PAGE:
“The right thing to do, if you’re new to the issue, is you should be told what is this debate about,” Jimmy Wales, a Wikipedia founder, said on Sunday during an interview here. “That’s a struggle. You have to be taught about those issues. You don’t want to, in an unclear way, use language that carries with it a hidden conclusion.”

 
 

Back in power, charedi parties aim to dismantle religious reforms

WorldPublished: 08 May 2015

TEL AVIV — Israel’s last governing coalition, divided on war, peace and economics, did agree on one thing: Israel’s religious policies had to change.

Now it appears that the incoming coalition will be organized around the opposite principle: Those changes must end.

A coalition agreement signed last week between the Likud party led by Prime Minister Benjamin Netanyahu and the charedi Orthodox United Torah Judaism faction promises to dismantle a raft of legislation enacted in the last two years that chipped away at several longstanding entitlements enjoyed by the charedi community. Shas, the Sephardic charedi party, signed its own coalition agreement with Likud this week. That will cement the power of religious parties in the next government.

 
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Why Ethiopian-Israelis took to Tel Aviv’s streets

WorldPublished: 08 May 2015

TEL AVIV — A historically disadvantaged black minority is galvanized when one of its members appears to suffer brutality at the hands of police — and the episode is caught on video. Peaceful mass protests devolve into violence. Police crack down in an attempt to control crowds.

It’s not Baltimore or Ferguson. It’s Tel Aviv, which was rocked by unrest Sunday after a video of a uniformed Ethiopian-Israeli soldier, Demas Pakada, being beaten by Israeli police made the rounds online. Here are four things you need to know about the Israeli demonstrations.

A police beating sparked the protests.

The video that triggered the Tel Aviv protests shows Pakada holding his bicycle on an empty sidewalk. A police officer approaches him, grabs him, punches him, and pushes him to the ground. Pakada then stands up and exchanges words with the officer.

 
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After the quake

Israelis in Nepal stick together, try to calm their parents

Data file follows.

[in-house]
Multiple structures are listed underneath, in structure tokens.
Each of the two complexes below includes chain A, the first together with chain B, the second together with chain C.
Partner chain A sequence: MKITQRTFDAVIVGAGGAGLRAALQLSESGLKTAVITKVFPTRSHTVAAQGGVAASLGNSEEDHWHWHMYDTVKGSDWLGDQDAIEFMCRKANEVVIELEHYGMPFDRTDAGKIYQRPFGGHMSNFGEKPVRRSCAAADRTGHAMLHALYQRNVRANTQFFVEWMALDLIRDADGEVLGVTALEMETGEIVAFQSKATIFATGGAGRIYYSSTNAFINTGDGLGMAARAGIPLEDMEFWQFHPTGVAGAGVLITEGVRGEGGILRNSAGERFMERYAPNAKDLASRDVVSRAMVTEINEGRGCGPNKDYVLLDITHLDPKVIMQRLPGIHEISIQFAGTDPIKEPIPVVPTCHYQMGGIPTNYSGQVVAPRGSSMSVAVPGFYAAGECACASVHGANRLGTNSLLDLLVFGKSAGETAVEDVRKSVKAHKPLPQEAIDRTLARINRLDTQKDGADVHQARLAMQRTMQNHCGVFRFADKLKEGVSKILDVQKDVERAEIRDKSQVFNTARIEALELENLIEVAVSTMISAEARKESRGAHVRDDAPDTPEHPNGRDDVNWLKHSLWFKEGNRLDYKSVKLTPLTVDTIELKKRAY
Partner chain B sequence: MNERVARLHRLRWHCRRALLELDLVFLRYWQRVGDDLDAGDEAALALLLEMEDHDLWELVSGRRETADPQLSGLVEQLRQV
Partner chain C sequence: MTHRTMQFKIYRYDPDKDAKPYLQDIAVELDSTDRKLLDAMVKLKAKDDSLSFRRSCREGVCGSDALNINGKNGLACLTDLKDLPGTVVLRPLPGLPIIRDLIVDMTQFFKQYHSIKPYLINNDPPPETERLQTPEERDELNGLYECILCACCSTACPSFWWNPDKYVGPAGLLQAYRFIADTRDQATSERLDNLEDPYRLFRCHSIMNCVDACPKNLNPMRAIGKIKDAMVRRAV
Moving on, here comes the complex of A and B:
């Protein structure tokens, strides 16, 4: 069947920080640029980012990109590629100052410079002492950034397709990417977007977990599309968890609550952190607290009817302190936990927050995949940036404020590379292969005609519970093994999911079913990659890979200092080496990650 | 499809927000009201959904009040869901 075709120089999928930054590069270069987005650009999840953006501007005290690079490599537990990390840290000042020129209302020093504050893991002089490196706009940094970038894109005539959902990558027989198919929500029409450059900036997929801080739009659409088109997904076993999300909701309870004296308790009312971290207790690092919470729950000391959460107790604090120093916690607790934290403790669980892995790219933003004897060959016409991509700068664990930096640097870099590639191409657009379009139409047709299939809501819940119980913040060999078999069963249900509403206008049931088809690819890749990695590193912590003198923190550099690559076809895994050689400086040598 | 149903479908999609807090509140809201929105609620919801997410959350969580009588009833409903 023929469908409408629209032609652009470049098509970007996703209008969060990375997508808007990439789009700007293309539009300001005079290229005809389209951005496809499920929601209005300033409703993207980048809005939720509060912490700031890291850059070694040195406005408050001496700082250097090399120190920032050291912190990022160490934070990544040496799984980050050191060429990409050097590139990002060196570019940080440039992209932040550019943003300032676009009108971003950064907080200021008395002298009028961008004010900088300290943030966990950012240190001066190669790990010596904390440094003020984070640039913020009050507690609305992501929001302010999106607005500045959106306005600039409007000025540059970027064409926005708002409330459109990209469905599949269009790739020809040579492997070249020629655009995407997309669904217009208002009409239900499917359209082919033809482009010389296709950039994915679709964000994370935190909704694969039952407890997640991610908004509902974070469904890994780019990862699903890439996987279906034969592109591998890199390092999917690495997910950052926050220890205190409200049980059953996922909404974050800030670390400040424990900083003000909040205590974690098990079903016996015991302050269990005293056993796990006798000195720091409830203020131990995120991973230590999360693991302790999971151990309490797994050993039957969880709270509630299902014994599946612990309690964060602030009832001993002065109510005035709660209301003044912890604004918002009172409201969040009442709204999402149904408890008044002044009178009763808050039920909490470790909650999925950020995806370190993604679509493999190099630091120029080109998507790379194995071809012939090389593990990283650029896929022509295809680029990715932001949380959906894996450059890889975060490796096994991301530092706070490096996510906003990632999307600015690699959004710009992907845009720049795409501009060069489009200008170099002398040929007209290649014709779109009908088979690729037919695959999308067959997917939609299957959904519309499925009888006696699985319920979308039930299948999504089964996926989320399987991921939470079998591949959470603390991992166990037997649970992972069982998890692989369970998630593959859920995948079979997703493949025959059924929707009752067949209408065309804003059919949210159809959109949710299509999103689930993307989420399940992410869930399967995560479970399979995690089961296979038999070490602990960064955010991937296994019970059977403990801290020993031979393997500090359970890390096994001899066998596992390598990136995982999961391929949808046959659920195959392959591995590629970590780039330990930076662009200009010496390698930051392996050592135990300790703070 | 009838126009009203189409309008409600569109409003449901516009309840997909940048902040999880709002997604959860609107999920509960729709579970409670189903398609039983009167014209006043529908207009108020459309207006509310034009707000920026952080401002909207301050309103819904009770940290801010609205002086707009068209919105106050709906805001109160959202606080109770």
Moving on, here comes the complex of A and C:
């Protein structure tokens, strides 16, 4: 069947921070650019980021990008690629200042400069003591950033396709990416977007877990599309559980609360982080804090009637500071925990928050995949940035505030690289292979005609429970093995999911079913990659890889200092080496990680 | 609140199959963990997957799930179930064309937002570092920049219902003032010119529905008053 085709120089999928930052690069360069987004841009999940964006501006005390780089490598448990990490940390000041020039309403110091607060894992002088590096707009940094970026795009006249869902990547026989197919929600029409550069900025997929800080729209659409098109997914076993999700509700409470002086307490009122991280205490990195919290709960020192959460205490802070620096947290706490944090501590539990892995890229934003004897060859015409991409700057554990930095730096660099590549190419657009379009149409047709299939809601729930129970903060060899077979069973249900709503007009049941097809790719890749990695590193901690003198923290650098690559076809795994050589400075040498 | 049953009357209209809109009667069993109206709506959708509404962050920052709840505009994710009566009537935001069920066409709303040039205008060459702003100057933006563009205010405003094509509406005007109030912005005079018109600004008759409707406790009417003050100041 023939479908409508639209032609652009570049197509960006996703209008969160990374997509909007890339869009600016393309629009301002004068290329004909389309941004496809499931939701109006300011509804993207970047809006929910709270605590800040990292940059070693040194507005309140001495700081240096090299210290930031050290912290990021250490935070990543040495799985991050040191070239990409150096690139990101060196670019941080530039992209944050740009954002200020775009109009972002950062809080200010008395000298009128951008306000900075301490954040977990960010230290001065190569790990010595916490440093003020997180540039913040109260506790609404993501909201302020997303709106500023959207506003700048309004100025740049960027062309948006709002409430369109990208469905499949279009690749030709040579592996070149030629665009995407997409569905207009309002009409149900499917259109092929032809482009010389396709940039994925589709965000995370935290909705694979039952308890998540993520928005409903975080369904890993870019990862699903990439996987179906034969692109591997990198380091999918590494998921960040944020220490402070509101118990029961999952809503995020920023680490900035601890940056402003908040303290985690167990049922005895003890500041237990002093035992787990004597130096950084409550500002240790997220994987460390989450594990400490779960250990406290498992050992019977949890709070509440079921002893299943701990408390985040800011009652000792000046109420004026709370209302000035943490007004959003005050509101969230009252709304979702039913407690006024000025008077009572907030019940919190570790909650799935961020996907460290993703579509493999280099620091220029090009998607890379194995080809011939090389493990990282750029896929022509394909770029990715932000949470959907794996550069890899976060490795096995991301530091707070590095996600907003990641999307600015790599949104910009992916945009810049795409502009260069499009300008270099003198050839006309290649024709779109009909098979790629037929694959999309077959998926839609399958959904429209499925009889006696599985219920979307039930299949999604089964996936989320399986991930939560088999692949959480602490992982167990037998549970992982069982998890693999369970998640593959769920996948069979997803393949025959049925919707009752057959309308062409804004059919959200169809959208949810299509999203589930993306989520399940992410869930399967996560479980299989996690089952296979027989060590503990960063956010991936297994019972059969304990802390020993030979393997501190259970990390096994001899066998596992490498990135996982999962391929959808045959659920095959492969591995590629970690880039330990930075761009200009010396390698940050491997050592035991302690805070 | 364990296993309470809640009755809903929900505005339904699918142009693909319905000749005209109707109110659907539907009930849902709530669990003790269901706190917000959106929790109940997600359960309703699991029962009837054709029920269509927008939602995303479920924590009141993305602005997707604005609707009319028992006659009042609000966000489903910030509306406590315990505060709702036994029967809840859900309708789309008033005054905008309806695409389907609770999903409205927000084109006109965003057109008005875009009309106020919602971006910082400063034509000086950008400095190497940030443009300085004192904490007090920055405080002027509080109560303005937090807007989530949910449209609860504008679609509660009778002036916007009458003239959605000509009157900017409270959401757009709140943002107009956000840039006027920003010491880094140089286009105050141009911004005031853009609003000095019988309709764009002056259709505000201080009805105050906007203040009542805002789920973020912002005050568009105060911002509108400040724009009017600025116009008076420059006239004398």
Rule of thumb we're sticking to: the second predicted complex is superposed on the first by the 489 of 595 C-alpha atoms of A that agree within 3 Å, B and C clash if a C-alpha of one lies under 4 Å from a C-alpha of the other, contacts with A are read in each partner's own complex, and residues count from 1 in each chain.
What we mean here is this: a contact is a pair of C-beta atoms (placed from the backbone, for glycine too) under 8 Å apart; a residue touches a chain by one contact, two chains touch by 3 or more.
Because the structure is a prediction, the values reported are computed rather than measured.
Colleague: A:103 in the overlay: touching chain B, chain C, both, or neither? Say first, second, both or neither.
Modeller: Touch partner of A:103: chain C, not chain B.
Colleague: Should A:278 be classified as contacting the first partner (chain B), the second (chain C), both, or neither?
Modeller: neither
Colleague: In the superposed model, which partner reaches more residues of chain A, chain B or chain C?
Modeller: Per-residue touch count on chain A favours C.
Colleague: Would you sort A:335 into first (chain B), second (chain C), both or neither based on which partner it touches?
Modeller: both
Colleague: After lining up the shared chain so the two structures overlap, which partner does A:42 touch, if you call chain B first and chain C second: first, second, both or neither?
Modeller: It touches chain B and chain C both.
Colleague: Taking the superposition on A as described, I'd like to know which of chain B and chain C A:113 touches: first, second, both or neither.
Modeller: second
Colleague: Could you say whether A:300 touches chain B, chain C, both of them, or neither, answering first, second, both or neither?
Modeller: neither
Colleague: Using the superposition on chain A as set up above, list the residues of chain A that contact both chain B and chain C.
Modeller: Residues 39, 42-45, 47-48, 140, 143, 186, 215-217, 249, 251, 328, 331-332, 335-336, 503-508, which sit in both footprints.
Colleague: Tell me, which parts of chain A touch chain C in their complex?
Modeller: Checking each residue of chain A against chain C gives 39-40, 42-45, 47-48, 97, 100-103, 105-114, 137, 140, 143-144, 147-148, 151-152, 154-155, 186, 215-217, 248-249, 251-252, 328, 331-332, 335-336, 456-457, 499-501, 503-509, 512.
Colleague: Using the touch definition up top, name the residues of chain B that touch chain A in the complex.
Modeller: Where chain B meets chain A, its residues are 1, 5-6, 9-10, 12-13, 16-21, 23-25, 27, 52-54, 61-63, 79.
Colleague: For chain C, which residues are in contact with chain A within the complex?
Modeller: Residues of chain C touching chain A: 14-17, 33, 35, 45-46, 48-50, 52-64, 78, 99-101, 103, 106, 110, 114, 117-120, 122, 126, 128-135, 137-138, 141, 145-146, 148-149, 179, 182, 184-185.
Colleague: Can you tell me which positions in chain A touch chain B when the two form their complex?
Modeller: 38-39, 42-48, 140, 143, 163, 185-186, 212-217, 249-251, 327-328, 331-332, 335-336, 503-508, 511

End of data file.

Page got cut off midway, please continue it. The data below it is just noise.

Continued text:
WorldPublished: 01 May 2015

TEL AVIV — When the ground began to shake, Inbar Irron was among a dozen Israelis in Nepal who ran outside the building where they had been sitting — and straight into a cloud of dust.

When their vision cleared, they saw a devastating scene. Much of the village of Manegau, where they had come to volunteer for four months, had crumbled to the ground. Miraculously, none of the villagers was hurt. but many of their homes had been reduced to rubble.

Irron’s group — sent by the Israeli NGO Tevel B’Tzedek, which organizes volunteer trips to Nepal — was there to set up a youth group, provide leadership workshops to women in the village, and to bring Israeli agritech to its farms and computers to its schools.

Now that mission is on long-term hold. The volunteers and villagers have pitched plastic tents to weather the rainy nights, and they hope that their food stockpile will last until the road to Katmandu reopens. The immediate task, Irron says, is to rebuild at least a few buildings and reassure the villagers.

 
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Why Israeli couples have surrogate pregnancies in Nepal

WorldPublished: 01 May 2015

TEL AVIV — While Israel mobilizes to aid victims of Nepal’s earthquake and find its missing citizens, the Jewish state is paying special attention to the safety of 26 Israeli babies born of surrogate mothers in Nepal.

Hundreds of Israeli couples choose surrogate pregnancy, where a couple’s embryo is implanted in another woman, who carries the pregnancy to term.

Here’s why Israelis opt for surrogate pregnancies, and why so many choose surrogate mothers in places like Nepal.

Why do Israelis choose surrogacy?

 
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Bibi wins

After divisive campaign, Israelis elect Netanyahu

WorldPublished: 20 March 2015

TEL AVIV — After weeks in which polls consistently showed Zionist Union holding a slight lead over the Likud Party of Prime Minister Benjamin Netanyahu, the Israeli leader effected a dramatic comeback to win a decisive victory in Israeli elections on Tuesday.

With 99 percent of precincts reporting, Netanyahu’s Likud had won 30 seats. That is a quarter of the Knesset and six more than the Zionist Union’s 24.

“Our country’s everyday reality doesn’t give us the luxury for delay,” Netanyahu said in a statement released on Wednesday. “The citizens of Israel expect that we will act quickly and responsibly to establish a leadership that will work for them in areas of defense, the economy, and society just as we promised in this campaign — and just like we will now set ourselves towards doing.”